The Detroit Zoo in Royal Oak, Unlike Any Before
It defied conventional wisdom. But the Detroit Zoological Society had a very different vision for how a zoo should exhibit its animals. So in 1928 the Detroit Zoo was the first in the nation to go cage-free. That is, all the wildlife was exhibited in “natural” habitats, not confined behind bars in small enclosures. And attendance in the first four months of operation confirmed their approach was right. The zoo was an instant hit.
Carl Hagenbeck, a German animal trainer developed his ideas for exhibiting wildlife by showcasing their intelligence rather than ferocity. In 1925 he was hired by the Society, along with landscape architect Arthur Shurtleff, to design a new Detroit zoo. Ultimately Hagenbeck’s theories on humane treatment and lifelike settings that were enclosed by moats and rocks, not iron bars, helped position the Detroit Zoo as a leader in the field. Today with its continuing commitment to animal welfare and wildlife conservation the Detroit Zoo remains a leader.
The zoo features more than 2,000 animals representing 245 species; 12 unique habitats including the largest polar bear exhibit in the U.S. and the largest penguin conservation facility in the world; plus animals native to the African grasslands, Asian forest, Australian outback and elsewhere. In addition to the wildlife, the zoo has a carousel, scientific exhibits, a 4-D theater, a miniature railroad, playground and picnic facilities, and special events year-round. Not to be missed is the Rackham Memorial Fountain. It features two 10-foot bronze bears standing beneath a cascade of water in a 75,000-gallon pool. It’s no wonder the Detroit Zoo is ranked one of the top family attraction in the state of Michigan.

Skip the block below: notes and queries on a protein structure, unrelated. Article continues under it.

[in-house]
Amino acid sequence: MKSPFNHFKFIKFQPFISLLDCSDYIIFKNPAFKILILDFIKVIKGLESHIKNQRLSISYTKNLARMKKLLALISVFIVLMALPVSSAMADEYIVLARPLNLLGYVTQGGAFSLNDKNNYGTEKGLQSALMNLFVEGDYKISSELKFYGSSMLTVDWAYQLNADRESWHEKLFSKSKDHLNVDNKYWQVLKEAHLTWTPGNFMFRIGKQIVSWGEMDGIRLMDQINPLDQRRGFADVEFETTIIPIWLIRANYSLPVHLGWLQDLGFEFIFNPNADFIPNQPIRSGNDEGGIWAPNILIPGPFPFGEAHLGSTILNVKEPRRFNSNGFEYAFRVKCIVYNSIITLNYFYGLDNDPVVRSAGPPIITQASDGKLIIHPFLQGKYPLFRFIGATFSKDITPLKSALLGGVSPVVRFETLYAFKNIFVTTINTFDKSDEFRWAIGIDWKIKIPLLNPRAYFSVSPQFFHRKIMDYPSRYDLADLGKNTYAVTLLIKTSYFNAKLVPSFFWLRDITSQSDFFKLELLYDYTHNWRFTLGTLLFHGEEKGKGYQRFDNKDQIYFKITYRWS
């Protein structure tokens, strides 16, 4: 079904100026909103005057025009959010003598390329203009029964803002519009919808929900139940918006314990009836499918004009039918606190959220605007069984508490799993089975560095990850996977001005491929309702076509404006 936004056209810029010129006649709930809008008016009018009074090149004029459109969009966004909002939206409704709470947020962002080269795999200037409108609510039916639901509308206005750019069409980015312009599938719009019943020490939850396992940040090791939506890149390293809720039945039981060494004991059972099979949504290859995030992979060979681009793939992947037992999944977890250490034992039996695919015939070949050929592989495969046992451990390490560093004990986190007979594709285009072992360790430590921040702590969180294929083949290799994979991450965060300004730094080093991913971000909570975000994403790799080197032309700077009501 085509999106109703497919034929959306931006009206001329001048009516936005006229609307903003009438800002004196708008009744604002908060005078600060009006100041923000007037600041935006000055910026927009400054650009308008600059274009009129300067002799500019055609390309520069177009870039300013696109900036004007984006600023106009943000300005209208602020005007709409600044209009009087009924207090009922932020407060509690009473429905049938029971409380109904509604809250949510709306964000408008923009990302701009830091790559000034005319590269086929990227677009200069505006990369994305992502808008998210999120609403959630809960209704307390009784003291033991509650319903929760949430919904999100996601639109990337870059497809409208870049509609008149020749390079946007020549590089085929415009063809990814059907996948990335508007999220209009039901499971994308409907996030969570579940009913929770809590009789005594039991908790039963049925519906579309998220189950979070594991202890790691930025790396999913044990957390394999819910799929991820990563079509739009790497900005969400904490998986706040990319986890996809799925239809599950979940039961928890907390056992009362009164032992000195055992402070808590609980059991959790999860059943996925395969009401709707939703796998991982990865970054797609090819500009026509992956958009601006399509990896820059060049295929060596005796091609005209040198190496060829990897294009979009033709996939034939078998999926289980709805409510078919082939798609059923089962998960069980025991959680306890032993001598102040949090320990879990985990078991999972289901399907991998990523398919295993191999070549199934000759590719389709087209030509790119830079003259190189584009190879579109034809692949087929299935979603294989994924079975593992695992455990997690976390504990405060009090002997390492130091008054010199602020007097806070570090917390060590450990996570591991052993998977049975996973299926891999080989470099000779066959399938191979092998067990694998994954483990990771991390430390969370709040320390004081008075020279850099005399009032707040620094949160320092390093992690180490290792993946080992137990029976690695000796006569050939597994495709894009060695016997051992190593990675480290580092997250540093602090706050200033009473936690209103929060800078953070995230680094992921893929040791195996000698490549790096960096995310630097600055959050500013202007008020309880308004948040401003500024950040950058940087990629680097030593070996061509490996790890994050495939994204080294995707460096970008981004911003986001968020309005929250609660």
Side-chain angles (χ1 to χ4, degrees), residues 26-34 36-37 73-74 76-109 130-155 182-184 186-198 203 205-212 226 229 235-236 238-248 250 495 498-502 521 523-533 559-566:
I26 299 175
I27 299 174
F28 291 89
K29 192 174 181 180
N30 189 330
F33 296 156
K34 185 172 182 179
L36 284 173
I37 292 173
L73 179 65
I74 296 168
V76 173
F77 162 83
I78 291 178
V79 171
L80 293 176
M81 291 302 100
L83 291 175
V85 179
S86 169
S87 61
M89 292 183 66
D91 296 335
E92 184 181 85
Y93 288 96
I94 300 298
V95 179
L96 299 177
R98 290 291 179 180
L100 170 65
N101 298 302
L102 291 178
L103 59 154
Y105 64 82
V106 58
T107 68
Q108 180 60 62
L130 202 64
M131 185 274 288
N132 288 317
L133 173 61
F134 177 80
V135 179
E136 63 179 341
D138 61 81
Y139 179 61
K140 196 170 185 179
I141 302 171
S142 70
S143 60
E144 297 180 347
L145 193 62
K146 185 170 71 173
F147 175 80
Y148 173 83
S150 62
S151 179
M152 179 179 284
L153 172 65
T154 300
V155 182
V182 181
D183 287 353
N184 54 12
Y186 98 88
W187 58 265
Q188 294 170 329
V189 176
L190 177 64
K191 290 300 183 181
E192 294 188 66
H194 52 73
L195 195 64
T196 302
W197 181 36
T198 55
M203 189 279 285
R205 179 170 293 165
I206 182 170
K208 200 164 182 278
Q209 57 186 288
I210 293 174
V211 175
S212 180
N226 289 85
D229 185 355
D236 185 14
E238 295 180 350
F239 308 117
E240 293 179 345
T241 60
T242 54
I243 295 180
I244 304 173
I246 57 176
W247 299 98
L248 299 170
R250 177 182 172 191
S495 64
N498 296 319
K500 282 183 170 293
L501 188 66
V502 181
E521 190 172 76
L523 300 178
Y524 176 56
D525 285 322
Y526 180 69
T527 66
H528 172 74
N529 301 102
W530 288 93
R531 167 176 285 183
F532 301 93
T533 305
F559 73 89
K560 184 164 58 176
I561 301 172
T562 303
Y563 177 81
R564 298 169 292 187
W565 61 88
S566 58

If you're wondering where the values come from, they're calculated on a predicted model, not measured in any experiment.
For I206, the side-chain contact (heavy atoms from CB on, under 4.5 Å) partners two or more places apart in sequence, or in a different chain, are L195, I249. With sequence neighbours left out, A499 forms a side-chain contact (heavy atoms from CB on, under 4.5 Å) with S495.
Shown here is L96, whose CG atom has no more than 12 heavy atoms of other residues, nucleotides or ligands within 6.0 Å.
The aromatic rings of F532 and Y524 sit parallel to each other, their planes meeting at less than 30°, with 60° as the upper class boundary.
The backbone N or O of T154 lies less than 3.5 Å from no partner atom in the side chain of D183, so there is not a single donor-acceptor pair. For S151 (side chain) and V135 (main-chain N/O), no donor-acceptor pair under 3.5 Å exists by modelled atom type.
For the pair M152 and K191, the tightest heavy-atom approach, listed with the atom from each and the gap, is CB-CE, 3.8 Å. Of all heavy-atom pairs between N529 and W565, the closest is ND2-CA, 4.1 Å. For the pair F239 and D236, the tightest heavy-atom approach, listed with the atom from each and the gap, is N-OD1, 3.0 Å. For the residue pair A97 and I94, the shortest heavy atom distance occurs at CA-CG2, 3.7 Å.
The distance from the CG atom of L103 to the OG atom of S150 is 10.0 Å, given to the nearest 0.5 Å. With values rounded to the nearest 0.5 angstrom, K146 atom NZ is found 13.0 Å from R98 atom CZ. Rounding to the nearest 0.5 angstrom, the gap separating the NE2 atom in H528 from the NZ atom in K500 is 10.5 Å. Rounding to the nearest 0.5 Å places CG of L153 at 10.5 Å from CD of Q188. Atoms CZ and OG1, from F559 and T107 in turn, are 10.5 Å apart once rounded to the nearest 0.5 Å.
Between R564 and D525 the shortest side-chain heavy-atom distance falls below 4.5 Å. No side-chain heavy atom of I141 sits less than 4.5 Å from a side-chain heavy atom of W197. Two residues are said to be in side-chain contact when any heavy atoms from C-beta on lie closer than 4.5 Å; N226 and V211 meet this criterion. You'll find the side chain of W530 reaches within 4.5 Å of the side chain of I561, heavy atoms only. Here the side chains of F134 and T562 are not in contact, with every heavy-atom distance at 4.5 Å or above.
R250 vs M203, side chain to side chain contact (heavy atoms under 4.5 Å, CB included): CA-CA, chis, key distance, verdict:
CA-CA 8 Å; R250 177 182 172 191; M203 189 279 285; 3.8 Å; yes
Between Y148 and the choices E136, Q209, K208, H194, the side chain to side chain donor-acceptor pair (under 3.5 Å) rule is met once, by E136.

Hot Spots along the Natural Scenic Byway
To cruise Woodward Ave. is to drive a road that has been officially recognized by the State and Federal government as special. The Michigan Dept. of Transportation designated Woodward as a Pure Michigan Byway to celebrate its important cultural heritage. The Federal Highway Administration got in the act when it recognized the avenue’s significance by designating Woodward Ave. a Natural Scenic Byway and an All-American Road for its cultural, historic, recreational and scenic importance. Along the way you’ll discover a series of monumental solar powered tributes that feature artwork commemorating the roadway. Look for these glass and concrete sculptures in the median.